Looser monetary policy has pushed up stock and bond prices despite a weaker economic outlook and company profit warnings, creating a disconnect, with fundamental problems unresolved, the Bank for International Settlements said.
BIS economic adviser Stephen Cecchetti said action taken by central banks in Europe, the United States, Japan and elsewhere to help stimulate growth would not cut public debt levels or put banks on a firmer footing.
"Without structural adjustment, the economy won't return to a strong and balanced path," Cecchetti told a conference call on the latest quarterly review from the global forum of central banks, released on Sunday.
On a more positive note, the financial system was "clearly safer" as new regulation was being introduced, but there was "still more work to be done".
"We cannot wait and hope the problem will solve itself," Cecchetti said, defending Basel III, a global set of rules to make banks hold more capital due to take effect in January.
Critics in Britain and the United States have said the rules are too complicated and called for a greater reliance on a leverage ratio or balance-sheet cap.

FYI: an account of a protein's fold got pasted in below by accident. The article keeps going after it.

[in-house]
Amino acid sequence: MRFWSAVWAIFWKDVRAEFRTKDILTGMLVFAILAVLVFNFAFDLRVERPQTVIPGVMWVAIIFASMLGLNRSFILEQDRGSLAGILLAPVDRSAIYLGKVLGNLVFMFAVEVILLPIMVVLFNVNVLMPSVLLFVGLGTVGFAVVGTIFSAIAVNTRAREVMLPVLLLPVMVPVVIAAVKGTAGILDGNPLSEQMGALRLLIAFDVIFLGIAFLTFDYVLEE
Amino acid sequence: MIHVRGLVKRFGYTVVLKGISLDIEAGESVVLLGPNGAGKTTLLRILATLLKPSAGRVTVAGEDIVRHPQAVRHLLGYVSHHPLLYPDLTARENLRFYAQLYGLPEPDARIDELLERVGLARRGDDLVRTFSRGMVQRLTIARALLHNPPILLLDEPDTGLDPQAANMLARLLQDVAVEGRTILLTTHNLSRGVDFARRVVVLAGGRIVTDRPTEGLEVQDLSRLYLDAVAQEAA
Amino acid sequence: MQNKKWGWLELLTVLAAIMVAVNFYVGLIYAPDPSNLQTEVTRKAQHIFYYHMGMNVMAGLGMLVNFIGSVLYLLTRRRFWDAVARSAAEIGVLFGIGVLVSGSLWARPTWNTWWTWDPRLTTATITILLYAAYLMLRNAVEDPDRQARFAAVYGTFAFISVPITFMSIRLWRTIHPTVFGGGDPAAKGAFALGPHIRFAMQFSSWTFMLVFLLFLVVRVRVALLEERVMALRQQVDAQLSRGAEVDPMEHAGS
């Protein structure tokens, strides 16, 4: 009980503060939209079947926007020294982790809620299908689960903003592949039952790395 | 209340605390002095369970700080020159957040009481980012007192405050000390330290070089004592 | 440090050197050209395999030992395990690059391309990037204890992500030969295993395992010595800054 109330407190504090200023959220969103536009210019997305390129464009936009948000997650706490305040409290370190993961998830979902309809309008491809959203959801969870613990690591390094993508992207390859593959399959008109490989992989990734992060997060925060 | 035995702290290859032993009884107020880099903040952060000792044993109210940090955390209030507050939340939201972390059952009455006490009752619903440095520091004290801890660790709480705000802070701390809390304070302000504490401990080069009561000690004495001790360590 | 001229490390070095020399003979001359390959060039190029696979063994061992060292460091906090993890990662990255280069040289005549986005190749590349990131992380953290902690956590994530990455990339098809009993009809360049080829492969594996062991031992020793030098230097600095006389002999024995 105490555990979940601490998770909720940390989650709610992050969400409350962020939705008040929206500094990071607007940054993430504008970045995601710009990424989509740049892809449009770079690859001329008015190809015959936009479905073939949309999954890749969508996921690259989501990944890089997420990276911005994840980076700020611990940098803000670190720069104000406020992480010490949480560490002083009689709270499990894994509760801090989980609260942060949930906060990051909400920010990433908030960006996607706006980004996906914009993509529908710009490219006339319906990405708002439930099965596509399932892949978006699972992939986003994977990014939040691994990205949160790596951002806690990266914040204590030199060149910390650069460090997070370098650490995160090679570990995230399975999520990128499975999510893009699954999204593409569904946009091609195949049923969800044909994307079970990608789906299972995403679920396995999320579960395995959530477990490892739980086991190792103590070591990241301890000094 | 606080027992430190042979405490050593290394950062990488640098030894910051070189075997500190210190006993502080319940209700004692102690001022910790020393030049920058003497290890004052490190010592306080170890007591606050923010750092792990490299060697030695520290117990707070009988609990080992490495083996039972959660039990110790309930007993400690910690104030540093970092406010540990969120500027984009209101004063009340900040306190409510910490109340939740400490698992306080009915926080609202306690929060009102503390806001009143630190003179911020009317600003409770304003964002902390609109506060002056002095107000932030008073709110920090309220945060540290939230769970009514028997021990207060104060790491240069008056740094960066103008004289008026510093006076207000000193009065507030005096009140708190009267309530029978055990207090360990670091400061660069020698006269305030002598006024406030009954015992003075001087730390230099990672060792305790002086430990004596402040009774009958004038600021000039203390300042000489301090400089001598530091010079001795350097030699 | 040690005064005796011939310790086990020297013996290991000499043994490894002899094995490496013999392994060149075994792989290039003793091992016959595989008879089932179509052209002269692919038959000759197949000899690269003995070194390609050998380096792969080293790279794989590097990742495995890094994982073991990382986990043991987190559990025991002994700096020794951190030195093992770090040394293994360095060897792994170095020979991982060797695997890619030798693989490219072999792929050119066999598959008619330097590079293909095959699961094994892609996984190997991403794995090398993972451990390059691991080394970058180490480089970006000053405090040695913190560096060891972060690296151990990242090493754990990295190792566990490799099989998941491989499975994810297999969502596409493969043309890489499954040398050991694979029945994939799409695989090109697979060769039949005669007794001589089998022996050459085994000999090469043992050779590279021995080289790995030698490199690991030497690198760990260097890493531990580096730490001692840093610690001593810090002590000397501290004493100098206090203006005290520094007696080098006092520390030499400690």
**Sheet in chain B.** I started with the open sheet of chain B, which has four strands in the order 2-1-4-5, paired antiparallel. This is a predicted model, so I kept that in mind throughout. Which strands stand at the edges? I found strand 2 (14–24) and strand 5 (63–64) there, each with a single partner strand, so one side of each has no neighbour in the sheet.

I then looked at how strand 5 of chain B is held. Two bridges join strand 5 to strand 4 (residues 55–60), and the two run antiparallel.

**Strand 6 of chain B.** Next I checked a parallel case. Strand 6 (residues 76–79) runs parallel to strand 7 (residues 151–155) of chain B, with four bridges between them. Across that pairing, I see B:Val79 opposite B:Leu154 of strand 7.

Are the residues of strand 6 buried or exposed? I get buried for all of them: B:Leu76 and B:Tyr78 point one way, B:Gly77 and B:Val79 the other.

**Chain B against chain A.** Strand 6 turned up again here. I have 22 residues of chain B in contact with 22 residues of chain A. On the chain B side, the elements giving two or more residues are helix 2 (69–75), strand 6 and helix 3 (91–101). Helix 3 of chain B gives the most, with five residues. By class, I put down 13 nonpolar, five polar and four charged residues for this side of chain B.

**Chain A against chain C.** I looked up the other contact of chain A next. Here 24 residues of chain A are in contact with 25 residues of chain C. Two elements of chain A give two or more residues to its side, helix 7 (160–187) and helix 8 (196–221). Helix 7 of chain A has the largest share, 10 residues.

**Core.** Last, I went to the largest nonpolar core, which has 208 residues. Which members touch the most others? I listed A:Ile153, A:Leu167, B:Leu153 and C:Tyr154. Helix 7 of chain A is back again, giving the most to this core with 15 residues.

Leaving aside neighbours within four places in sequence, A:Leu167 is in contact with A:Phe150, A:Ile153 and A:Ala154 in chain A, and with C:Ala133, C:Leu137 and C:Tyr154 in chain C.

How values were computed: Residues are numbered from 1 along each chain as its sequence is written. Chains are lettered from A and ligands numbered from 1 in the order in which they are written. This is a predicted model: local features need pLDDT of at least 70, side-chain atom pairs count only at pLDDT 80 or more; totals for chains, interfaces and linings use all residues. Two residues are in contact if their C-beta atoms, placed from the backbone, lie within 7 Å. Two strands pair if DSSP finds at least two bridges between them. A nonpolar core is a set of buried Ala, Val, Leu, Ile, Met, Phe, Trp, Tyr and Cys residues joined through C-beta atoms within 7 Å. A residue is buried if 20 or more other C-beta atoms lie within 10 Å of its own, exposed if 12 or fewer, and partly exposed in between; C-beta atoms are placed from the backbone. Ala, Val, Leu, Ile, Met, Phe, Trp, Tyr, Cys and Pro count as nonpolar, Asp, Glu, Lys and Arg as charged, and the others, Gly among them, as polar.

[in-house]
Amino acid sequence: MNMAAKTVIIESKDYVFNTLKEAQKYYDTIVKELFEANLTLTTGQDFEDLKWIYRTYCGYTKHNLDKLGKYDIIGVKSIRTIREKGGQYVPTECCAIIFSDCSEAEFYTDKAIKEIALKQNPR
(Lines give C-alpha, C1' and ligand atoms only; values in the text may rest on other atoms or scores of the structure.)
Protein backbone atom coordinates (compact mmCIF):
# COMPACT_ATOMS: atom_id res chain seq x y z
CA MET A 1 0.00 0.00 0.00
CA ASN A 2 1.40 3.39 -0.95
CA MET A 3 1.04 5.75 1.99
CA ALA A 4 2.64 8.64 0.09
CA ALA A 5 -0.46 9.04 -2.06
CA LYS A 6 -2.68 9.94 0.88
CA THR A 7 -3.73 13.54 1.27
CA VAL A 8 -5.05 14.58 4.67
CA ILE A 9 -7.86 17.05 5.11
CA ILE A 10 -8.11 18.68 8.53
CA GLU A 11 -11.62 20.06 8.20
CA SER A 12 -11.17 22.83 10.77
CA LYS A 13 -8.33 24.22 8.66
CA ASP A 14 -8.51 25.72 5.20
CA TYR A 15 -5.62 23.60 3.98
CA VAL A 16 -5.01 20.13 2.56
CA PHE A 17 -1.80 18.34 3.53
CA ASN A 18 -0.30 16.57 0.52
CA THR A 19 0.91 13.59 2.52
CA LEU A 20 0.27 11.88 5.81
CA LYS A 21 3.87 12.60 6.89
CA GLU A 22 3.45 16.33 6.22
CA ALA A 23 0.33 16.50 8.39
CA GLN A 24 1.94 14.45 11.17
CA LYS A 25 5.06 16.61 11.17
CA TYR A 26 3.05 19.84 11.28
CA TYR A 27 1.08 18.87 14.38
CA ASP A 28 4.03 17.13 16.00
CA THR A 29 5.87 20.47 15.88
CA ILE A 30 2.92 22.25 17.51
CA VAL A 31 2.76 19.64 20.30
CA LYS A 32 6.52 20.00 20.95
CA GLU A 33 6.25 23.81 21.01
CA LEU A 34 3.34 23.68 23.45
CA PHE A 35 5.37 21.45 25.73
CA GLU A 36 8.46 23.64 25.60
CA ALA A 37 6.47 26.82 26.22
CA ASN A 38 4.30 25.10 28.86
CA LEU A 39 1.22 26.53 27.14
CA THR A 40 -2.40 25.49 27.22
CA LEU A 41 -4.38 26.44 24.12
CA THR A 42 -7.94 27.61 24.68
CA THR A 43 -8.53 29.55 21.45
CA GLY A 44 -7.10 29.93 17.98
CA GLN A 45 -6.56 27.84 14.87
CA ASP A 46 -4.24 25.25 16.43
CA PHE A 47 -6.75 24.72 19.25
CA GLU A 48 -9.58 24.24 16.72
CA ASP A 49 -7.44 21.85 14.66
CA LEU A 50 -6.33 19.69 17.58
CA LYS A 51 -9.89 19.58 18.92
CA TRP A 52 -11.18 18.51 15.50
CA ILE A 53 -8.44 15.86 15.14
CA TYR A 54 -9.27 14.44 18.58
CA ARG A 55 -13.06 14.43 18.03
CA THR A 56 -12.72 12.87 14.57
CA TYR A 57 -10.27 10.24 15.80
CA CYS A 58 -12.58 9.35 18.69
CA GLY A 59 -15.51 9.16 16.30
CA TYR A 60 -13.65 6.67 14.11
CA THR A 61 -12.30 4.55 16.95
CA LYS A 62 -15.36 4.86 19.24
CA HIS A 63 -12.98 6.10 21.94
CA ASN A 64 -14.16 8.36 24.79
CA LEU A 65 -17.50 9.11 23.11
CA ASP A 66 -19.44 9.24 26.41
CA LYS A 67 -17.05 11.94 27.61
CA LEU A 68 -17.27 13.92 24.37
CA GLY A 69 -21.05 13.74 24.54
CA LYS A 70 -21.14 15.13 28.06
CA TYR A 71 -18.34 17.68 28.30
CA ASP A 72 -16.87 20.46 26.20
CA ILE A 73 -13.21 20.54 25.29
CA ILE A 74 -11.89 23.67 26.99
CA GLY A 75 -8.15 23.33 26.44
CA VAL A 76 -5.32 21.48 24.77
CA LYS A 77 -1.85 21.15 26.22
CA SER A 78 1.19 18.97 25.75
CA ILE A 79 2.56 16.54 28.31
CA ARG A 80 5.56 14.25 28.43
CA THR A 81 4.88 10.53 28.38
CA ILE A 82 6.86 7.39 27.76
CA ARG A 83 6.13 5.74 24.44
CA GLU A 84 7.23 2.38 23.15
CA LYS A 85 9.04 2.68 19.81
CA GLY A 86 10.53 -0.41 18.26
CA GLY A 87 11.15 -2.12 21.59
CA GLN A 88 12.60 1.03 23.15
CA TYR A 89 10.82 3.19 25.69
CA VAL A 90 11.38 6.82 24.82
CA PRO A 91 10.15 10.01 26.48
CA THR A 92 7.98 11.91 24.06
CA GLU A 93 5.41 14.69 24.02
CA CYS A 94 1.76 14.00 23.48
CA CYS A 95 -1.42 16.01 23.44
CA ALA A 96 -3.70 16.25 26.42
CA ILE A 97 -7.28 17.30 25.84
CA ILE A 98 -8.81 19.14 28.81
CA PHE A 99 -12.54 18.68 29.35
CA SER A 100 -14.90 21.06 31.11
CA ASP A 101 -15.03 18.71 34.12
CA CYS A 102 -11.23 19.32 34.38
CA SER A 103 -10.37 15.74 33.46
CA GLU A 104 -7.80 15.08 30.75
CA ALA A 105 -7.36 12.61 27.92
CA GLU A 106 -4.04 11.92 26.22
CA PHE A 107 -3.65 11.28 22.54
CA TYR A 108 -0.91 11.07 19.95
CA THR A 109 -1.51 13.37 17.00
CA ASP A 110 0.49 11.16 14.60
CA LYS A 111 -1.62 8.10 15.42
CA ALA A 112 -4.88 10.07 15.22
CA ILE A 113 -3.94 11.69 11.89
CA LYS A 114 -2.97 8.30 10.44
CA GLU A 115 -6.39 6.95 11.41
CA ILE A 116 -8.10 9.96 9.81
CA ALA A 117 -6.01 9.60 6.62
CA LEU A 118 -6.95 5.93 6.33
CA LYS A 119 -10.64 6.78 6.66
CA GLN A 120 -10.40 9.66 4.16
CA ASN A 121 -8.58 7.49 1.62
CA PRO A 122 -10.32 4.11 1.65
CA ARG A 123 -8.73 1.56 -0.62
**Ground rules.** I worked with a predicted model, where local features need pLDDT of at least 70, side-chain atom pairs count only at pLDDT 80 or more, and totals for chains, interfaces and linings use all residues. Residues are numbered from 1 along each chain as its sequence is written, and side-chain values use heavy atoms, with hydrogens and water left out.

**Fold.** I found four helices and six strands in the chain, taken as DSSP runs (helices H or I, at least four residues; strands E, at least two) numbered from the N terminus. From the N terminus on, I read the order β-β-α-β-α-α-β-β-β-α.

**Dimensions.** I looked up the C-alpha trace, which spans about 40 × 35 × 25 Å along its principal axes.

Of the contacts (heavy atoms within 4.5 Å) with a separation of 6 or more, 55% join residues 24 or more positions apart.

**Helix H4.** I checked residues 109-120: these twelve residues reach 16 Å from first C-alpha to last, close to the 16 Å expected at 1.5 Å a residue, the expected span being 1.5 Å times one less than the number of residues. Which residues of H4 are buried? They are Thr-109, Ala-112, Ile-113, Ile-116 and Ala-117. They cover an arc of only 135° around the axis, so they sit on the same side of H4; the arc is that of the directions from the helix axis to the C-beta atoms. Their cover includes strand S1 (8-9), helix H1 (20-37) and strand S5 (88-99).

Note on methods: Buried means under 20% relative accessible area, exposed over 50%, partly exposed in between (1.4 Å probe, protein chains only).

Cecchetti said Basel's combination of complex risk-weight based rules to calculate a bank's safety capital buffer, backed by a simple leverage ratio, makes it harder for banks to game.
"We should and must continue to limit the size and complexity of financial institutions," he added.
World leaders agreed in 2009 to introduce Basel III from January but there are delays in finalising the rules in the European Union and United States.
But the major banks already meet or exceed the new capital requirements and central bankers appear not to be too worried over delays of a few months for rules that will make the financial system safer over coming years.
The BIS noted that new liquidity rules heralded by Basel III will have a profound impact on the way central banks operate monetary policy, but said monetary policy would not be impaired if central banks adjust.
The rules, which give banks liquidity credits for central bank deposits of at least 30 days but nothing for overnight money, could see a rise in the cost of longer-term central bank money and a fall in overnight rates, the BIS said.
(Reporting by Huw Jones and Laura Noonan; Editing by Catherine Evans)